The scores are in: Aus’ 2017 human rights efforts revealed
A new report has uncovered where Australia sat on human rights issues for 2017 in comparison with other countries.
According to the 2017 Human Rights Report Card, conducted by Australian Lawyers for Human Rights (ALHR), despite some improvement Australia still falls behind in human rights when compared with other countries. In particular, the report noted that the nation is significantly lagging in key areas such as Indigenous rights, disability rights, freedoms and LGBTI rights.
"As a nation, we can’t seem to move favourably in ensuring basic human rights are established and protected for all Australians equally," ALHR president Benedict Coyne said.
"Considering Australia’s appointment to the United Nations Human Rights Council earlier this year, with our appointment to commence [this week], our human rights situation is something we must address swiftly and comprehensively.
“To be appointed to the world’s leading forum on championing human rights, while so many Australians are being denied their own, is, frankly, a little embarrassing.
“While the federal government can be awarded a couple of gold stars for ratifying OPCAT and legalising marriage equality (through a quite traumatic process), Australia has been repeatedly slammed at multiple United Nations forums this year in its abject failure to protect the Australian people’s basic rights on multiple fronts. The sad fact is that Australia’s record on protecting universal rights has not improved much over the past four decades when Australia began appearing before these UN bodies to defend its record on rights. We can definitely do a lot better!”
Breaking down the results, the report found that states and territories differed in their approach to human rights.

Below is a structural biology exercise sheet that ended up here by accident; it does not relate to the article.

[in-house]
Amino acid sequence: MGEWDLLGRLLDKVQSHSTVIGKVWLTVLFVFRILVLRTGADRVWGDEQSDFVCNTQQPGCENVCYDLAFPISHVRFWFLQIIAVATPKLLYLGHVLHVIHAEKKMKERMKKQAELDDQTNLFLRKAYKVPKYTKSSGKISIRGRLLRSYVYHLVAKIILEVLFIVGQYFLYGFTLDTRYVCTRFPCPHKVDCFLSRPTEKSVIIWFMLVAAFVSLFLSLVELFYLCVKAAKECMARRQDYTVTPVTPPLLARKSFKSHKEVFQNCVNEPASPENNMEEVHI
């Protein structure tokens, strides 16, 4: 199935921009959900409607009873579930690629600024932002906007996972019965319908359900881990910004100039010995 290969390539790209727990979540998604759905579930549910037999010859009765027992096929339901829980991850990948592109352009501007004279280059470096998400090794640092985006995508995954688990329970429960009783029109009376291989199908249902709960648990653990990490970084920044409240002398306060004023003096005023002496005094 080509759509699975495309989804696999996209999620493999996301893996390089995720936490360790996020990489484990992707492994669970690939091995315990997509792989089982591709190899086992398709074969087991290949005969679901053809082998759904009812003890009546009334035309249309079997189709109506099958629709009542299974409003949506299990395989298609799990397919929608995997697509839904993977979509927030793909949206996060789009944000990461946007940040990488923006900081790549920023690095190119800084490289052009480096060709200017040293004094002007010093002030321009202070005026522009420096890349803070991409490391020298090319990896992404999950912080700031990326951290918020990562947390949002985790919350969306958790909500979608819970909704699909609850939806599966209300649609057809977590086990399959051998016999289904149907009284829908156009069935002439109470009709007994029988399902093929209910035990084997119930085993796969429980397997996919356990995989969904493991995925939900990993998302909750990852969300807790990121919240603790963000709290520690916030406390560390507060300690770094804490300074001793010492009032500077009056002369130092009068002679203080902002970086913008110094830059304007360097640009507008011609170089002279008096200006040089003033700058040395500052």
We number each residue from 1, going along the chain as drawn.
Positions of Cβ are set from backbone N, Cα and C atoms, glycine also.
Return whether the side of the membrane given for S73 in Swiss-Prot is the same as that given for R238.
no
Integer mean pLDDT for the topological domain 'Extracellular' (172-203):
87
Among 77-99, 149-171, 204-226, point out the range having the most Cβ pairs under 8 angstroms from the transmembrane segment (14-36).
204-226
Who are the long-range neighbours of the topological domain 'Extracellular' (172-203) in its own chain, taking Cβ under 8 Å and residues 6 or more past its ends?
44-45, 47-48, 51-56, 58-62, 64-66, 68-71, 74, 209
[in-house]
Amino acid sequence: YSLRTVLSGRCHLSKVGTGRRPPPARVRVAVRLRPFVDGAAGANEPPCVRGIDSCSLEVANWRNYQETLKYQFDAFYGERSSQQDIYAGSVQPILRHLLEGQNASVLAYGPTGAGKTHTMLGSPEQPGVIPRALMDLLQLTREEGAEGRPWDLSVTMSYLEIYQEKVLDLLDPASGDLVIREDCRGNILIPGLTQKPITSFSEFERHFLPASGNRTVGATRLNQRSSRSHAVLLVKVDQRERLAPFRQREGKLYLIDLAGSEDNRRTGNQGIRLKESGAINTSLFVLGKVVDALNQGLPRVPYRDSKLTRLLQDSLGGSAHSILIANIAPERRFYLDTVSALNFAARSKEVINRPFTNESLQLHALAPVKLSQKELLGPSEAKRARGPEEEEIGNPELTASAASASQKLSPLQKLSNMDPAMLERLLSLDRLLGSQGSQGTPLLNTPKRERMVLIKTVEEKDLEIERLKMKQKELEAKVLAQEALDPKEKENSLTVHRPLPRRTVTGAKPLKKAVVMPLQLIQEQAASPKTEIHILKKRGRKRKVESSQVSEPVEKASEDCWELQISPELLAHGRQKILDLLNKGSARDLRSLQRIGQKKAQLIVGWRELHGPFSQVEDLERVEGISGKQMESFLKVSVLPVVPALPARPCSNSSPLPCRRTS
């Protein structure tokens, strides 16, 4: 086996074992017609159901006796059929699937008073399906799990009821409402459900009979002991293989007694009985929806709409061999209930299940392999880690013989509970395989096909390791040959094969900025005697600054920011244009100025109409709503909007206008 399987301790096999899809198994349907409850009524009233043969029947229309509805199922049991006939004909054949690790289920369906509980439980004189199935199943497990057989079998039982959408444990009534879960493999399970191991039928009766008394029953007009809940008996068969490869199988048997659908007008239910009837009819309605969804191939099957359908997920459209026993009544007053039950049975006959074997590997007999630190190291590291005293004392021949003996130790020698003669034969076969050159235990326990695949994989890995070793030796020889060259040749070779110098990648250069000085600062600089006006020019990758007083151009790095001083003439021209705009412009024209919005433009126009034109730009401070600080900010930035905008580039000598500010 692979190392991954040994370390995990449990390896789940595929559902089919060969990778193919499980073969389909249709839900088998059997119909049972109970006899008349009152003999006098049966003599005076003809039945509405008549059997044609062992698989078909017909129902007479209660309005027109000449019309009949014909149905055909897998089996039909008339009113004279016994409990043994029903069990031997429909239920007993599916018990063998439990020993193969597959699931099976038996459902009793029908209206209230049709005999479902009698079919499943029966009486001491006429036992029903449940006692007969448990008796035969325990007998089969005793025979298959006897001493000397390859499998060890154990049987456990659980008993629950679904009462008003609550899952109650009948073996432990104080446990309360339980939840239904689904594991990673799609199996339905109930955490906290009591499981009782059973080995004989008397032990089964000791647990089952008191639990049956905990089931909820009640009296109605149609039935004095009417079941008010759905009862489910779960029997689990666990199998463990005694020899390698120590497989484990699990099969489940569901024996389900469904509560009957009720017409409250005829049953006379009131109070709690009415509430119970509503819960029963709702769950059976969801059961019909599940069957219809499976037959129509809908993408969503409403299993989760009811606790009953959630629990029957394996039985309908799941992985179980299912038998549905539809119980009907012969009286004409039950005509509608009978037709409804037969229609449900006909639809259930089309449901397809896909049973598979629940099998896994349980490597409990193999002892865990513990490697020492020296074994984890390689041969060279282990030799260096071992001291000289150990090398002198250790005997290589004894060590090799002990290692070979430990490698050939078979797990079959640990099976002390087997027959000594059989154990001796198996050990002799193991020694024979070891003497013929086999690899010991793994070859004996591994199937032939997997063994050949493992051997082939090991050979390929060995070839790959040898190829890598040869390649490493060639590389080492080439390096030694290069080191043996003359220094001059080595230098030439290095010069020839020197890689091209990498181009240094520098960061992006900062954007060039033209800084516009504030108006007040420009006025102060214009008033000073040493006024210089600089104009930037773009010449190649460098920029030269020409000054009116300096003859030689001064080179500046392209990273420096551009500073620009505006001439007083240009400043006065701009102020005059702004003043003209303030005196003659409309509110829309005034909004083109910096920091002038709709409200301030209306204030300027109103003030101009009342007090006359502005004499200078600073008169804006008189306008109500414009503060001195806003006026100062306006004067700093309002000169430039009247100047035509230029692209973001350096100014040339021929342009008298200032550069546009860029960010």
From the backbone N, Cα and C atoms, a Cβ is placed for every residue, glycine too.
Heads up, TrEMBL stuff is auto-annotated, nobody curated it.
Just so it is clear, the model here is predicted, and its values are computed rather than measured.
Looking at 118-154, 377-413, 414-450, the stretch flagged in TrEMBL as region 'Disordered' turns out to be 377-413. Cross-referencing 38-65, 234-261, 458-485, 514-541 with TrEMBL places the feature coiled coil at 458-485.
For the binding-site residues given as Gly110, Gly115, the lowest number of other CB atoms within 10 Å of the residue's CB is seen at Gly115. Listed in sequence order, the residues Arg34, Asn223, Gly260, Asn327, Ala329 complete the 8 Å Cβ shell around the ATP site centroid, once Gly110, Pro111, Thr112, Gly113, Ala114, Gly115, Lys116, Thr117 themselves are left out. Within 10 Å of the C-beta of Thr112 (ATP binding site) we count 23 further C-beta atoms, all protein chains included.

Western Australia received an overall score of B, Victoria received an overall score of C, the ACT was awarded an overall score of B, and South Australia was given a score of D.
The Northern Territory performed the worst of any state and territory and was given an E, NSW received an overall score of E+ and Queensland received an overall score of C.
Furthermore, key human rights areas were monitored and scored individually based on Australia's efforts.
Indigenous rights received a score of F, and refugees and people seeking asylum also scored a F.
Also receiving an F score was freedoms and women and girls' rights.
Meanwhile, LGBTI human rights as well as disability rights received scores of D.
"Australia remains the only Western democracy to not have a bill of rights or federal Human Rights Act," Mr Coyne said.
"The immediate creation and implementation of one is the surest way to assist in creating a better platform to help all Australians receive and be guaranteed of their basic rights. The Australian government owes it to all Australians to legally protect our rights. Enough is enough of Australia being the odd one out in the international arena.
"The time is ripe to protect our rights."